The defendant formally admitted during the trial that at the time of his alleged escape he was confined at the Correctional Institution by direction of the U.S. Attorney General, pursuant to and following his conviction in the United States District Court for the District of Arizona, of a violation of the Dyer Act. (18 U.S.C.A. 2312.) As an aside, counsel for defendant stated in brief that, sometime following the defendant's conviction in the instant case, the Arizona District Court had vacated its sentence, set aside the judgment and ordered the case tried; on oral argument we were further advised that thereafter the court had dismissed the action. In the court below, defendant did not question the validity of the judgment of conviction under which he was held; and indeed he would have gained nothing by such an attempt for 'A prisoner in a penal institution whose sentence is irregular or voidable may not for that reason, and before some court has so adjudged, defy his guards and run away. * * * The statute * * * forbids escape, not only to those 'properly in the custody of the Attorney General' but also to all 'who are confined in any penal or correctional institution, pursuant to his direction,' without mention of the propriety of the confinement. We are of opinion that attempts at escape from such institutions are * * * forbidden to all inmates, and that, if they consider their confinement improper, they are bound to take other means to test the question.' Bayless v. United States, 141 F.2d 578, 579 (9th Cir. 1944), cert. denied, 322 U.S. 748, 64 S.Ct. 1147, 88 L.Ed. 1580, quoting with approval from Aderhold v. Soileau, 67 F.2d 259, 260 (5th Cir. 1933). See also Mullican v. United States, 252 F.2d 398 (5th Cir. 1958), 70 A.L.R.2d 1217; Godwin v. United States, 185 F.2d 411 (8th Cir. 1950)


Defendant invokes Rule 52(b) Fed.Rules Crim.Proc., the so-called 'plain error' rule to avoid the effect of his failure to tender the issue in the trial court saying, 'Even without a proper motion at the close of all the testimony the Circuit Court of Appeals is compelled to examine the point under Rule 52(b).' Defendant is mistaken. United States v. Renee Ice Cream Co., 160 F.2d 353 (3d Cir. 1947) on which defendant relied does not so hold. It clearly appears from the opinion that the Third Circuit was merely stating in the course of pointing out the grossness and patentcy of the trial court's error that even if no motion had been made (and in fact one was) the reviewing court would have been 'compelled to examine the point under Rule 52(b).'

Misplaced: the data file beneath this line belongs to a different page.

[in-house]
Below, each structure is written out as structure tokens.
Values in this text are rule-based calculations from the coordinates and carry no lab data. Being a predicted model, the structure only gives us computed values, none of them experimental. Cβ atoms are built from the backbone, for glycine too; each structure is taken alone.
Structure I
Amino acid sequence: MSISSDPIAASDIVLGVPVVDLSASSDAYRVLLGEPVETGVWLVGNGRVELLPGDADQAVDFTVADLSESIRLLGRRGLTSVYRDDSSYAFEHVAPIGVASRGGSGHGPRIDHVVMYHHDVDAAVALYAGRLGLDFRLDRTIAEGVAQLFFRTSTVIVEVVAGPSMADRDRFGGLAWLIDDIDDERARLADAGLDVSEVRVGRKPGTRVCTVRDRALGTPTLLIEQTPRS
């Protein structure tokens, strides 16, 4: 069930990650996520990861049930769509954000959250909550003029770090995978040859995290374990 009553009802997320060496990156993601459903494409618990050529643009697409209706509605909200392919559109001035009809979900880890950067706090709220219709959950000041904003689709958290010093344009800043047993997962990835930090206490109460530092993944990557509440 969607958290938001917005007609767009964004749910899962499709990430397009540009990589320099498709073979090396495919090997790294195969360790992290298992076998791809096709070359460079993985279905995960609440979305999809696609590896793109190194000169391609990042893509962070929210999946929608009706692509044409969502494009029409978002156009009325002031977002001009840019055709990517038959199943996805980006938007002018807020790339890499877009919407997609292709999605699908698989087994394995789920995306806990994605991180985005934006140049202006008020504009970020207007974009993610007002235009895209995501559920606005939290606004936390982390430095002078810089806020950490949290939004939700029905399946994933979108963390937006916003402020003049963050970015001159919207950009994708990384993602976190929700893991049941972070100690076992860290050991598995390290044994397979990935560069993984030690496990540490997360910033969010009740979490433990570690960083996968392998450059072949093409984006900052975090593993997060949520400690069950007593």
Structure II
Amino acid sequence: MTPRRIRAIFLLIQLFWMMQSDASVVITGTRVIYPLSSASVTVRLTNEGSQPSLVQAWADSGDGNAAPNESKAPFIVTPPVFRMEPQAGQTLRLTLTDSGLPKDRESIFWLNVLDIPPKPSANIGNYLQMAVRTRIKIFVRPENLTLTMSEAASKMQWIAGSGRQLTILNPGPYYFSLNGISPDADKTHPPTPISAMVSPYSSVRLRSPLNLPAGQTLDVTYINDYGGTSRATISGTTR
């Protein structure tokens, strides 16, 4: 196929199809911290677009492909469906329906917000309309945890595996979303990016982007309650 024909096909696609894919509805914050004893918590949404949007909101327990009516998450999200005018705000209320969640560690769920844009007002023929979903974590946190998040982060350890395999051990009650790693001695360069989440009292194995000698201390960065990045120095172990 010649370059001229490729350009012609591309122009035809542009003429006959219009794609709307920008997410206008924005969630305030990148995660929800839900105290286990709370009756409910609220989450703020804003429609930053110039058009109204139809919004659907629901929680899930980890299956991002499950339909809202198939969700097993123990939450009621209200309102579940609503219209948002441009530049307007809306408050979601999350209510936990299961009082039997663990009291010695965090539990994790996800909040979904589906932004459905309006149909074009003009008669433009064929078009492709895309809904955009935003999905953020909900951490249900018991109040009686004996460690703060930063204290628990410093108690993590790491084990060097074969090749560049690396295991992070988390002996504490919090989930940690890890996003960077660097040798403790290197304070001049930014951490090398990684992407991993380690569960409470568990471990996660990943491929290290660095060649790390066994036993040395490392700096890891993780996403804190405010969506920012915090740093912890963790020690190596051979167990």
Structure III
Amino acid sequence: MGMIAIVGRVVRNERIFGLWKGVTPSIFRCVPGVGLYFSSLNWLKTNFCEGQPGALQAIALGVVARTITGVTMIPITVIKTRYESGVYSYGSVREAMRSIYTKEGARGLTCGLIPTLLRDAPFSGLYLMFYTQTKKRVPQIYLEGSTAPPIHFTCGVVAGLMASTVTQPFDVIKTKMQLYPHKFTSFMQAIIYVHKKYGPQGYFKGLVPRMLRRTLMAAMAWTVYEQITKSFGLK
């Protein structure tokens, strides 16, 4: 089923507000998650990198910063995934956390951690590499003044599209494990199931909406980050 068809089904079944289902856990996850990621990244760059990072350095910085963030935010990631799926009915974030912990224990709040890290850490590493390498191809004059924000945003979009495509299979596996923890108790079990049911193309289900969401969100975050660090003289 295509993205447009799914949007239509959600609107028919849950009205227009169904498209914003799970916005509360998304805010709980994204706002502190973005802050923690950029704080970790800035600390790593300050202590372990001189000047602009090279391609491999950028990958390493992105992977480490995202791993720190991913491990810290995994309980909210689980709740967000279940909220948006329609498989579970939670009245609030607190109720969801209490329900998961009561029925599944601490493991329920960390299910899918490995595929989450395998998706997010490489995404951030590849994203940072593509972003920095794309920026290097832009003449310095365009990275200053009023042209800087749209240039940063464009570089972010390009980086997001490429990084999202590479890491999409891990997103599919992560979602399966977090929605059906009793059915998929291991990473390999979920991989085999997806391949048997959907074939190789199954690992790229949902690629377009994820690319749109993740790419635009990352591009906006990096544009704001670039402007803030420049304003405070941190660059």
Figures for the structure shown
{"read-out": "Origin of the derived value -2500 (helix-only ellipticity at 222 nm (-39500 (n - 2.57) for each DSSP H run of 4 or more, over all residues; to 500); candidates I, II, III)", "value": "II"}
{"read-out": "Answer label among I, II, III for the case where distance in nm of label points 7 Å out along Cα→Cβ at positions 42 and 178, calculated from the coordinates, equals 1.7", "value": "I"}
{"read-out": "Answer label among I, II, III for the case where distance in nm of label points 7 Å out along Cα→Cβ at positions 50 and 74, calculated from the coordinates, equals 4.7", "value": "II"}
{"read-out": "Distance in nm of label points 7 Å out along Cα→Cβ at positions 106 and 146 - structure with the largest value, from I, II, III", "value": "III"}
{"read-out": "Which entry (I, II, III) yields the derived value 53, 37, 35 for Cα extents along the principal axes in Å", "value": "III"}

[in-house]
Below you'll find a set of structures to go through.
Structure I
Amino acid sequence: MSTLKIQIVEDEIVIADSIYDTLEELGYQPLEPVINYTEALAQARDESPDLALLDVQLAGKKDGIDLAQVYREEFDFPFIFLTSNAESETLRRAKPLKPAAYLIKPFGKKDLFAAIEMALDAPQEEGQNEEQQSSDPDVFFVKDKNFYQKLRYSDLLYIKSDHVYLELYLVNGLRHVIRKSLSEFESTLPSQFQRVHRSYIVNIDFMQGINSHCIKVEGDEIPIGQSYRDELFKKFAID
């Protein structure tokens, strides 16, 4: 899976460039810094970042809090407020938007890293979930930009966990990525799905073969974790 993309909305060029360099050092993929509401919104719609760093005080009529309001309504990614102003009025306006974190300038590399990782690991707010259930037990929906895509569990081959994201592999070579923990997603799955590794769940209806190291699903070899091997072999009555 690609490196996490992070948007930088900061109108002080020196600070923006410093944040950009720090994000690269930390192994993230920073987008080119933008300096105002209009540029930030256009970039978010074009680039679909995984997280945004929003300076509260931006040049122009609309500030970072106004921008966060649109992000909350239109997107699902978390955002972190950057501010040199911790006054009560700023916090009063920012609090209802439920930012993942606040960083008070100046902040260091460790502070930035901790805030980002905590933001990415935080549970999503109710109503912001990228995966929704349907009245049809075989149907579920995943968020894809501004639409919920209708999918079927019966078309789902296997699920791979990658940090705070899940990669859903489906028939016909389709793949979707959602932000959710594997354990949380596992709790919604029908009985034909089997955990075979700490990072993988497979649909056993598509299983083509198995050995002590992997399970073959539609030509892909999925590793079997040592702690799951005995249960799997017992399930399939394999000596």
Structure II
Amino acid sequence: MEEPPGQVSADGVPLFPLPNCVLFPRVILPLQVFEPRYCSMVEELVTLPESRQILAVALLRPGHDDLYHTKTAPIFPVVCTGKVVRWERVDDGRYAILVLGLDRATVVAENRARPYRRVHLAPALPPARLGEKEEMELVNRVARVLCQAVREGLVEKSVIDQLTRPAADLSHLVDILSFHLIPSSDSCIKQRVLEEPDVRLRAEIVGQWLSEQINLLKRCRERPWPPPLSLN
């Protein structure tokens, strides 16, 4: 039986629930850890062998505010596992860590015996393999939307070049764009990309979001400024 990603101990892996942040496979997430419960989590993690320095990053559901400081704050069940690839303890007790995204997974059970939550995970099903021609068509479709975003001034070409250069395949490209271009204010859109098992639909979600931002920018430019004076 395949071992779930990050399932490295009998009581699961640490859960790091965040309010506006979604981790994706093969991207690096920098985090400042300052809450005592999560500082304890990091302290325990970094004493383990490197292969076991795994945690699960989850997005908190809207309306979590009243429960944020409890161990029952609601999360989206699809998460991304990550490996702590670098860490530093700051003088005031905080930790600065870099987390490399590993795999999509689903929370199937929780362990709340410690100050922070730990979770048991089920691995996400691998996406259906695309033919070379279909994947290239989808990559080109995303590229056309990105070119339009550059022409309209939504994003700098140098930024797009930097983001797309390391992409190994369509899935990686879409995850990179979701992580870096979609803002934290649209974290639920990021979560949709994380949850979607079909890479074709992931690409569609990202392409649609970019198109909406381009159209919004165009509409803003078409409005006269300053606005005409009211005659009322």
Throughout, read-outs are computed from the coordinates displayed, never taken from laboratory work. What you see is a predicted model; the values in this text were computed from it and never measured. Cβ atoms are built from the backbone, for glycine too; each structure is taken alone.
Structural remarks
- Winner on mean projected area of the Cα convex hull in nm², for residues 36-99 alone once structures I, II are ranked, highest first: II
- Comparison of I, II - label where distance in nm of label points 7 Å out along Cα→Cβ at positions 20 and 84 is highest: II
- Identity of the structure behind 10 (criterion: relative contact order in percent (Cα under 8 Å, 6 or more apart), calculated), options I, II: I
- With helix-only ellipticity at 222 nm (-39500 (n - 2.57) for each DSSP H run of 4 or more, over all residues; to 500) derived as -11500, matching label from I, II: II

The three left together; they were apprehended at some distance during the evening of the following day. After running from the grounds of the Institution they discovered nearby an unattended truck; since there was no ignition Key in it, they 'hot wired' the engine and drove away. All were indicted together; defendant's two companions both plead guilty


Section 144. Bias or prejudice of judge

'Whenever a party to any proceeding in a district court makes and files a timely and sufficient affidavit that the judge before whom the matter is pending has a personal bias or prejudice either against him or in favor of any adverse party, such judge shall proceed no further therein, but another judge shall be assigned to hear such proceeding.

'The affidavit shall state the facts and the reasons for the belief that bias or prejudice exists, and shall be filed not less than ten days before the beginning of the term at which the proceeding is to be heard, or good cause shall be shown for failure to file it within such time. A party may file only one such affidavit in any case. It shall be accompanied by a certificate of counsel of record stating that it is made in good faith.'